Check United’s award page for more details on the Excursionist Perk.
Transfer credit card points to United
You don’t need a United credit card to rack up rewards in the airline’s loyalty program. If you’re looking to boost your MileagePlus balance, you can also transfer Chase Ultimate Rewards points to United at a 1:1 ratio if you have an eligible card, such as the Chase Sapphire Preferred, Chase Sapphire Reserve, or Chase Ink Business Preferred.
You can also transfer Marriott Bonvoy points to United MileagePlus at a 3:1 ratio, plus a 10% bonus.
Before you transfer your points from another program, though, consider what you may be leaving on the table. For example, the Ultimate Rewards program also has many other international airline partners. If you can get a better rewards rate on a trip to Southeast Asia by transferring your points to Singapore Airlines instead, for instance, moving them to United may cause you to lose value.
Figuring out how to maximize rewards when there are multiple transfer partners available can require a higher level of savviness. But if your priority is to get the best value, it’s worth taking the time to research all your options.
Sometimes, maximizing the value of your rewards includes not using them at all. United often runs special flight deals on certain routes, which can make it worth paying cash instead of using your miles.
As with any flight, be sure to check the price in both cash and miles to find out what the redemption rate would be. If it’s below the average of 1.35 cents, consider paying out of pocket instead of spending your hard-earned rewards.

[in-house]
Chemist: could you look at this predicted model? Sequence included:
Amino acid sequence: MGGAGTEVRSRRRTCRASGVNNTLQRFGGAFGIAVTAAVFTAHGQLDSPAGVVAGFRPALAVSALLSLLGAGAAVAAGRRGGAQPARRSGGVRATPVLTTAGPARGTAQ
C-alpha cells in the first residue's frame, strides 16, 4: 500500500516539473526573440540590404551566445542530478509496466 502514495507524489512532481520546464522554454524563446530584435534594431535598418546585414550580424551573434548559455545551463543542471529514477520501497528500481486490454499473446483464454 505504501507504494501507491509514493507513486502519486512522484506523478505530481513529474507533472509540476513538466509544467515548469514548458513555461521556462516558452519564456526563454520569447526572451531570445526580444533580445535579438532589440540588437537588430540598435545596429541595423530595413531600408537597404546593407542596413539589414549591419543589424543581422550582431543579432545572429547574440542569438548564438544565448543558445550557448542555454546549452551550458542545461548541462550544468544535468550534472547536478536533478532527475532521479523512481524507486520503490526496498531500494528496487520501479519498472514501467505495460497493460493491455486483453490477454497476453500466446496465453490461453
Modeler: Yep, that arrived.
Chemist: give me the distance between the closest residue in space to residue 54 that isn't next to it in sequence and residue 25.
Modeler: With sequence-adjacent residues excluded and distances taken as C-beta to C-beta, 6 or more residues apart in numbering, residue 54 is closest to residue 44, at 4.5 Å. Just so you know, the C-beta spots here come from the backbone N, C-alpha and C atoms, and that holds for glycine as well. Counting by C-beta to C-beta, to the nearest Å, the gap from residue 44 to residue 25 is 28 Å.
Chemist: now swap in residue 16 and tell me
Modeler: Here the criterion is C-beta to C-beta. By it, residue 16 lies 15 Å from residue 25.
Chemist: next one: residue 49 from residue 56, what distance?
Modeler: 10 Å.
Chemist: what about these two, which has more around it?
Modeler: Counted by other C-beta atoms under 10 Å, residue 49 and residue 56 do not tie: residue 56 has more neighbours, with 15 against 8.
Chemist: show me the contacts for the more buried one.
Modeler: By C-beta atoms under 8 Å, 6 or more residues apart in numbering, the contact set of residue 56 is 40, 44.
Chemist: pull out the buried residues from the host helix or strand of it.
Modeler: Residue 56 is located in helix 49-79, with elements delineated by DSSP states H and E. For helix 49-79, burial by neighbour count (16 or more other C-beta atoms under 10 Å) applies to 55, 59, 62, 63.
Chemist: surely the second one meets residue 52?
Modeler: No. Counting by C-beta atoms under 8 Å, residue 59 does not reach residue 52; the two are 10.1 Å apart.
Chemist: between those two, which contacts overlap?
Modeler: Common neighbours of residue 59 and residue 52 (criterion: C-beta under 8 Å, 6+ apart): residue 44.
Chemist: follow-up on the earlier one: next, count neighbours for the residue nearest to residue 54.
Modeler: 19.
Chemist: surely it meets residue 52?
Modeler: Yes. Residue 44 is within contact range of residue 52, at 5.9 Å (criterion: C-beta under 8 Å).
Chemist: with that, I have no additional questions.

Also, keep in mind that the lowest price shown is typically for United’s basic economy fare, which doesn’t allow you to choose or upgrade your seat, bring a full-size carry-on bag, or request a ticket change or refund.
Use United credit cards to get even more value
Understanding how to maximize your United miles for free flights is an essential skill for any MileagePlus member. But getting free flights isn’t enough if you want to get the best experience possible.
By applying for the United Explorer Card or the United Club Card, you’ll not only have the chance to rack up rewards with the program, but you’ll also get a suite of other valuable perks whenever you fly with United.
That includes things like priority boarding, statement credits on inflight purchases, free checked bags, and complimentary access to the airline’s airport lounge network. Depending on how often you fly with United, compare the two cards to determine which one will provide you with the most value relative to their annual fees.